Mental health during the transition to high school

 

Is your child currently in 𝗬𝗲𝗮𝗿 𝟲?

Would they be interested in helping our research investigating 𝗺𝗲𝗻𝘁𝗮𝗹 𝗵𝗲𝗮𝗹𝘁𝗵 𝗱𝘂𝗿𝗶𝗻𝗴 𝘁𝗵𝗲 𝘁𝗿𝗮𝗻𝘀𝗶𝘁𝗶𝗼𝗻 𝗳𝗿𝗼𝗺 𝗽𝗿𝗶𝗺𝗮𝗿𝘆 𝘁𝗼 𝘀𝗲𝗰𝗼𝗻𝗱𝗮𝗿𝘆 𝘀𝗰𝗵𝗼𝗼𝗹?

The move from primary to secondary school can be stressful for students, particularly if they face additional challenges (such as difficulty with reading). This transition also coincides with a time of increased risk for mental health problems such as anxiety and depression.

𝗔𝗶𝗺: We aim to recruit current Year 6 students (with and without reading difficulties) and their parents, and survey them once a year for up to three years, to better understand the risk and protective factors for mental health over this transition.

𝗪𝗵𝗼 𝗮𝗿𝗲 𝘄𝗲? We are a team of researchers from Curtin University who are motivated to use our research experience to facilitate positive mental health for children with and without language and literacy difficulties.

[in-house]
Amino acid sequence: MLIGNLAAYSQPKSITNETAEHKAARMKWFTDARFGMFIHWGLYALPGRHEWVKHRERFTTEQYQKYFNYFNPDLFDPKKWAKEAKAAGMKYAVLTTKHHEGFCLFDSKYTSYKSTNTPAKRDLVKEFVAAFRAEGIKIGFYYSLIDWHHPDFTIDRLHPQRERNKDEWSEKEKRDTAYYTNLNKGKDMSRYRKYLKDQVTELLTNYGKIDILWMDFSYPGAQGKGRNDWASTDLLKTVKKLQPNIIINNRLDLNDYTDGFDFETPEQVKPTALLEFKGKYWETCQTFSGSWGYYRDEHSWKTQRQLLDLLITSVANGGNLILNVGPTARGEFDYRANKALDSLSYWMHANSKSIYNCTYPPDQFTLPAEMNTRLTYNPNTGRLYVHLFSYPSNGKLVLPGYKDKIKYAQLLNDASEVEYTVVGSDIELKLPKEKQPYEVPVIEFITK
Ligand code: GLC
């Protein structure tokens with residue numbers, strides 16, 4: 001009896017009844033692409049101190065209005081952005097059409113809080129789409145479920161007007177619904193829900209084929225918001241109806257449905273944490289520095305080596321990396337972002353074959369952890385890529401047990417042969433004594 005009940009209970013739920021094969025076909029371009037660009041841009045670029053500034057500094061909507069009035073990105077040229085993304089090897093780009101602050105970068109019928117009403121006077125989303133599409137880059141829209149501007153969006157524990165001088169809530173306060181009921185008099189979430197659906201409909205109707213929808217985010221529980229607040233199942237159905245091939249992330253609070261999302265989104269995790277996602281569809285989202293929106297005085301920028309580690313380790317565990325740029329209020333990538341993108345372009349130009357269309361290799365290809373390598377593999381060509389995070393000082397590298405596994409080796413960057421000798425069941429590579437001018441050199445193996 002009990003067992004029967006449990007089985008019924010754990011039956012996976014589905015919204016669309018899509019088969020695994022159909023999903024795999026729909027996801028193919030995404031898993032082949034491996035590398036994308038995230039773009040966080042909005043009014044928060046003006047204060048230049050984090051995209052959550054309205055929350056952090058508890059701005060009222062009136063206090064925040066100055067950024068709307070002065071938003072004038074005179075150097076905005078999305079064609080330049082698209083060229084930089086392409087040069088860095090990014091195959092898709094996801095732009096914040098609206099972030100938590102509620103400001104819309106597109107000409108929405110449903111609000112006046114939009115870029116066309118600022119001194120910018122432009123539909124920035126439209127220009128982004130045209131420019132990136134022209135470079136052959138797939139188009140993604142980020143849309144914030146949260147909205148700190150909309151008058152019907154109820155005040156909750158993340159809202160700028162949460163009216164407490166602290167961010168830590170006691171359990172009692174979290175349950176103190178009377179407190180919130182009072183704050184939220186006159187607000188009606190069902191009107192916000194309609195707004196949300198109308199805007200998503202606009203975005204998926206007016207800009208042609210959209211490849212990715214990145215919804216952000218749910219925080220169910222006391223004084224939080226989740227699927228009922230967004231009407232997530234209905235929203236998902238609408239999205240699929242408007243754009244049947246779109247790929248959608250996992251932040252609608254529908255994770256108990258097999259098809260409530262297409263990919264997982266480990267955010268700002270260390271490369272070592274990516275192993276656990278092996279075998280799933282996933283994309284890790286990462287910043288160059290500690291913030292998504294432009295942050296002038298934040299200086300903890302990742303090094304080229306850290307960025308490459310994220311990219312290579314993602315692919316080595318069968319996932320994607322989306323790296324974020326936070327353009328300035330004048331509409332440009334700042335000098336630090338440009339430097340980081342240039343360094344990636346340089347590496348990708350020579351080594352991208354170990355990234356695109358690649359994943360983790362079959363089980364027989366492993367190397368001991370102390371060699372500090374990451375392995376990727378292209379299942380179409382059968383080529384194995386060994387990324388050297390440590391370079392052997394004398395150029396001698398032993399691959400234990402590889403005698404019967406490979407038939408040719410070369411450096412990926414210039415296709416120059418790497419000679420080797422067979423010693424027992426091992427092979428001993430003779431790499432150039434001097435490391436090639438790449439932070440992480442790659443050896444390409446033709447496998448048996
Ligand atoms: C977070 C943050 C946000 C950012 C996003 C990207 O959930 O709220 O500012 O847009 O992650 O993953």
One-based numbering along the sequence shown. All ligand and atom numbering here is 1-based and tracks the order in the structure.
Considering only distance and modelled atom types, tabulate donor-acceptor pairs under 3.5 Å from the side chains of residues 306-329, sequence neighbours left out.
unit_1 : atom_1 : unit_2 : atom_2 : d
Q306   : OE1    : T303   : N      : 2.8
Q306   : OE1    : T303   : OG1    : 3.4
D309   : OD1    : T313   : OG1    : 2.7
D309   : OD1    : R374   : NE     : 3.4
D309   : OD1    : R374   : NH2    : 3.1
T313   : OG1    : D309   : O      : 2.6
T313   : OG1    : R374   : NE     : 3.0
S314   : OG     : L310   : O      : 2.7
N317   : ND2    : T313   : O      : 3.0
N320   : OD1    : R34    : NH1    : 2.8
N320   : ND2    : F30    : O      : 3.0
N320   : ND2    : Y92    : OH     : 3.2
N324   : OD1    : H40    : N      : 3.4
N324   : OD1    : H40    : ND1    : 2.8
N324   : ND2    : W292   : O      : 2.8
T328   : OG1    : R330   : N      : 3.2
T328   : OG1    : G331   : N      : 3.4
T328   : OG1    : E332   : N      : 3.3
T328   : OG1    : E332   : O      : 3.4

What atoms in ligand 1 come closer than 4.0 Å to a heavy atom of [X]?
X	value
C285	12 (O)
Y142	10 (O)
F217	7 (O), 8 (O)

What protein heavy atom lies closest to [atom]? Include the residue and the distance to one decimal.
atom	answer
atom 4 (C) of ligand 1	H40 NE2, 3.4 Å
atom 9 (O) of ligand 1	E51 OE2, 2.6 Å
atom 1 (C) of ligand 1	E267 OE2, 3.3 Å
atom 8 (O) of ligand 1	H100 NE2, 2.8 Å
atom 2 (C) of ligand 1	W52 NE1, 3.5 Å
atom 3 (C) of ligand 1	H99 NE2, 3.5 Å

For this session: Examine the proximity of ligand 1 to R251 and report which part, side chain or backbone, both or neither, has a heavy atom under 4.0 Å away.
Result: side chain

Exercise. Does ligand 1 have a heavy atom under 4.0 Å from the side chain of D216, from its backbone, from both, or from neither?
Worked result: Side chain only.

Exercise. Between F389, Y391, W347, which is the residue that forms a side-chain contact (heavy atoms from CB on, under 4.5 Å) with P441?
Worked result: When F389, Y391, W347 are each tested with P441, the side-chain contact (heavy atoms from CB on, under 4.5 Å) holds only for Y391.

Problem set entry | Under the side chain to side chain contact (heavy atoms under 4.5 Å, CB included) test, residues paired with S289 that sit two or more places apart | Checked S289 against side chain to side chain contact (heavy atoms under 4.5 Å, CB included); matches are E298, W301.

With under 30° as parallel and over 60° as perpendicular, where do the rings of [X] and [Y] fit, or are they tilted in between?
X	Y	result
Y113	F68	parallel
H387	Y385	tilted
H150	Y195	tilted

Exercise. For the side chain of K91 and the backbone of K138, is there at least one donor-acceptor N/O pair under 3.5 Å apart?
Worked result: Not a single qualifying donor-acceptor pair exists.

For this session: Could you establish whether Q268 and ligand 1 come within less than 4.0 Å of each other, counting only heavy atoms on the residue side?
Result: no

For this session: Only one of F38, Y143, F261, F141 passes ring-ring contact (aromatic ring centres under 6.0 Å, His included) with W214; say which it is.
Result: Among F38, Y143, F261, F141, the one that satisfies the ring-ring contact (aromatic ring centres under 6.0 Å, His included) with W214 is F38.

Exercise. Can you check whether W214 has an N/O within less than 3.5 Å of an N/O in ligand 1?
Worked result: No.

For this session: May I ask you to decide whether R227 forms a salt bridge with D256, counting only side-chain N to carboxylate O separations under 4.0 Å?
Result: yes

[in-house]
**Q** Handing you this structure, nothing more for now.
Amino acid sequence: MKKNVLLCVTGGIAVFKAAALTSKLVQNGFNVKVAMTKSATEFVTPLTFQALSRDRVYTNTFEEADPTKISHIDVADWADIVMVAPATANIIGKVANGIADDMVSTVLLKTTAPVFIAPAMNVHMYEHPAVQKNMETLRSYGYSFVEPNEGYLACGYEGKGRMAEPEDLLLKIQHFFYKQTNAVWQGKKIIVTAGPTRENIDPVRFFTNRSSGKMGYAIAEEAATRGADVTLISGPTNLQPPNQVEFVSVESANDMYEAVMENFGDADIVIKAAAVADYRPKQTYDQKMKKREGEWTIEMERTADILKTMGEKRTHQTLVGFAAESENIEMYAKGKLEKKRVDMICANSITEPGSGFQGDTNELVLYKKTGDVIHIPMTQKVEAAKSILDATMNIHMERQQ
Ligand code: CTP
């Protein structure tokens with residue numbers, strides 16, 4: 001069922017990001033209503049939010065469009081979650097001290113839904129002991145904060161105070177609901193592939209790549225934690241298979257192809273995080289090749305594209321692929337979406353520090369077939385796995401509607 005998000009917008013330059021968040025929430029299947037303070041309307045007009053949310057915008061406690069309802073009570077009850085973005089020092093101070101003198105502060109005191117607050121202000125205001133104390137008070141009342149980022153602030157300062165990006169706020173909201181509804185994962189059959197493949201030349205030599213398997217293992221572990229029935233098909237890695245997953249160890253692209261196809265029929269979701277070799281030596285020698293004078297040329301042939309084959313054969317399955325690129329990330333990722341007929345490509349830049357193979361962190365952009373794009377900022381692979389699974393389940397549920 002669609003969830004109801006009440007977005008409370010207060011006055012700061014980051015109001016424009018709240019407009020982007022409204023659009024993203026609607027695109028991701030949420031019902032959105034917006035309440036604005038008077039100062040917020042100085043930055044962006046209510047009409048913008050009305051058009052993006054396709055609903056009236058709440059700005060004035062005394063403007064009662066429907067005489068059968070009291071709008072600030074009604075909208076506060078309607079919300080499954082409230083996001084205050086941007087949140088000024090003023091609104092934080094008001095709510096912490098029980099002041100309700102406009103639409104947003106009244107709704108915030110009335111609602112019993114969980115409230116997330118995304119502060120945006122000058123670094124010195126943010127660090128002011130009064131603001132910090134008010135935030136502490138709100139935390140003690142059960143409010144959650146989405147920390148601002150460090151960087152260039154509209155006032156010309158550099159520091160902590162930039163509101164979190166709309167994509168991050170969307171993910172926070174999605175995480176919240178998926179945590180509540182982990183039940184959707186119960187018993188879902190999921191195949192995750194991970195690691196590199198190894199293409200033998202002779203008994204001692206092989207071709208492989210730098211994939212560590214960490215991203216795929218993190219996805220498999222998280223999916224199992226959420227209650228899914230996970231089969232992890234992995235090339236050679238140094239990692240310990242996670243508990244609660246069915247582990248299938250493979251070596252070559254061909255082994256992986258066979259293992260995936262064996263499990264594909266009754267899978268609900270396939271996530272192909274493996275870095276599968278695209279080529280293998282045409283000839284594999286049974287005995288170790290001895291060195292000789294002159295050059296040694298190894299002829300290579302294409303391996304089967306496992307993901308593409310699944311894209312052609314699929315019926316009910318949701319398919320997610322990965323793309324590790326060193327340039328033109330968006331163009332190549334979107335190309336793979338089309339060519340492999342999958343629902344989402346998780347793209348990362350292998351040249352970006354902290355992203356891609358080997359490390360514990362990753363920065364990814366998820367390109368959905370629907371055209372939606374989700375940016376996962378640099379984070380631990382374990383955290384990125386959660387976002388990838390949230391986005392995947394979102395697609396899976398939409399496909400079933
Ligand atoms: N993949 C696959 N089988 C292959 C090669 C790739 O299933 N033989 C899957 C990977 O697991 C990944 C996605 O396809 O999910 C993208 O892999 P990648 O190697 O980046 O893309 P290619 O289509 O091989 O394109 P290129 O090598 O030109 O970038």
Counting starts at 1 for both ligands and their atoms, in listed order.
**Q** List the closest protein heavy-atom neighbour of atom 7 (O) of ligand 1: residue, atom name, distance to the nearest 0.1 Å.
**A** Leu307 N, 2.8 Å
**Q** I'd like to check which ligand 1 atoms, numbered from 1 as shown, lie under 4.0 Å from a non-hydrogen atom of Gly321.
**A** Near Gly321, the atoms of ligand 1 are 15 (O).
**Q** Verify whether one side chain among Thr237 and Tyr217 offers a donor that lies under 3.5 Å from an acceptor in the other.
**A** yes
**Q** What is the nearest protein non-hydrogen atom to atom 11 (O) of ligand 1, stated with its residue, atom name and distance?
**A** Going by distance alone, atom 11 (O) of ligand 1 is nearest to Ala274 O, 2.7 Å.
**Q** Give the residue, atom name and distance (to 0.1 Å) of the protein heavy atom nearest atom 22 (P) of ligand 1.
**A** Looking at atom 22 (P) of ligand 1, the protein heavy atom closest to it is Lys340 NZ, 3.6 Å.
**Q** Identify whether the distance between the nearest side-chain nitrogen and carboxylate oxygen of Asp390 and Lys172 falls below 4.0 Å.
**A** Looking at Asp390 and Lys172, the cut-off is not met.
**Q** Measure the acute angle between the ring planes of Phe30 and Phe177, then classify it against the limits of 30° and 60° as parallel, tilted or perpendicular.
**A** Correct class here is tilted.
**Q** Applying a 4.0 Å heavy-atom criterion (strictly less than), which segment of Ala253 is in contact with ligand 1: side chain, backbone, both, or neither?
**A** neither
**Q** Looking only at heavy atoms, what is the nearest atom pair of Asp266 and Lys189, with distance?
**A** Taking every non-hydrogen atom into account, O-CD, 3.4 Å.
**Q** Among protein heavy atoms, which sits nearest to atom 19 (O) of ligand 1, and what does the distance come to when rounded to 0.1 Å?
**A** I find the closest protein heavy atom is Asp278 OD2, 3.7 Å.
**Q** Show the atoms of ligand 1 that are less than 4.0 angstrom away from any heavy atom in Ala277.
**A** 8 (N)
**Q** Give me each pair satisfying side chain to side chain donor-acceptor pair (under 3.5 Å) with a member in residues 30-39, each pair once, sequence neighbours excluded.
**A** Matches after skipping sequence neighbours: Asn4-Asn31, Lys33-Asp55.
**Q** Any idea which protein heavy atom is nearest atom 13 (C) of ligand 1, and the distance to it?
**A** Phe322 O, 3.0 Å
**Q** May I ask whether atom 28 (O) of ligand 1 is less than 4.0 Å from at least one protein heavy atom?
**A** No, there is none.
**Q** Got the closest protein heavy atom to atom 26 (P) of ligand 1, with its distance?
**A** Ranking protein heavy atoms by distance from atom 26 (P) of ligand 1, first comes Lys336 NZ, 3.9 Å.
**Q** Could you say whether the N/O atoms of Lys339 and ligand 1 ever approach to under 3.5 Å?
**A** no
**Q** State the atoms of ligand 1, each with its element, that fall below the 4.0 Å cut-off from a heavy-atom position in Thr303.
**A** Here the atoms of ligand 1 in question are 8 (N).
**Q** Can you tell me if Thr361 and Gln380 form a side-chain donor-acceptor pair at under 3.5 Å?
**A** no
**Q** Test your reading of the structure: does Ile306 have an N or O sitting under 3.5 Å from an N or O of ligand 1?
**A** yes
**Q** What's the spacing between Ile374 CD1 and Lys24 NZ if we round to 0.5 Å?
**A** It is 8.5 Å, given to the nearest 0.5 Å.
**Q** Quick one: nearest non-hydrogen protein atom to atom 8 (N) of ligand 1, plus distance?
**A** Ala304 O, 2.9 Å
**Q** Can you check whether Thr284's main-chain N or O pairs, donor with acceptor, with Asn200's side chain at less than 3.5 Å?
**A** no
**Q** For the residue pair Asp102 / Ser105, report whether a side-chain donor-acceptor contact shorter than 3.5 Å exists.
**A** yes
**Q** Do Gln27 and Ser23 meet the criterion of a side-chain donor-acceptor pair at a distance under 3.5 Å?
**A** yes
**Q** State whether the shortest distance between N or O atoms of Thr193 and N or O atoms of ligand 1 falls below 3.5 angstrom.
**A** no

𝗪𝗵𝗮𝘁’𝘀 𝗶𝗻𝘃𝗼𝗹𝘃𝗲𝗱? Children will complete a 45 to 60 minute online survey about their social and emotional wellbeing as well as a short reading assessment. A member of the research team will sit with your child to assist them with the survey.

Whilst your child is completing their survey, you (the parent or caregiver) will complete a 40 minute online survey about parental mental health, child social and emotional health, and academic experiences.

As a thank you, each child will receive a 𝗴𝗶𝗳𝘁 𝘃𝗼𝘂𝗰𝗵𝗲𝗿.

𝗜𝗻𝘁𝗲𝗿𝗲𝘀𝘁𝗲𝗱?If you're interested in taking part, please provide your contact details here: https://tinyurl.com/4tm7fyvc, and a member of the team will be in touch shortly.

 

If you would like more information please do get in touch. The project phone number is 0478251132, and we're also happy to be emailed directly: Mark Boyes (mark.boyes@curtin.edu.au), Elizabeth Hill (elizabeth.hill@curtin.edu.au), and Adrienne Wilmot (adrienne.wilmot@postgrad.curtin.edu.au).

More information can also be found in the information sheets, which can be downloaded here.

Thank you!

 

Curtin University Human Research Ethics Committee (HREC) has approved this study (HREC number HRE2020-0168).

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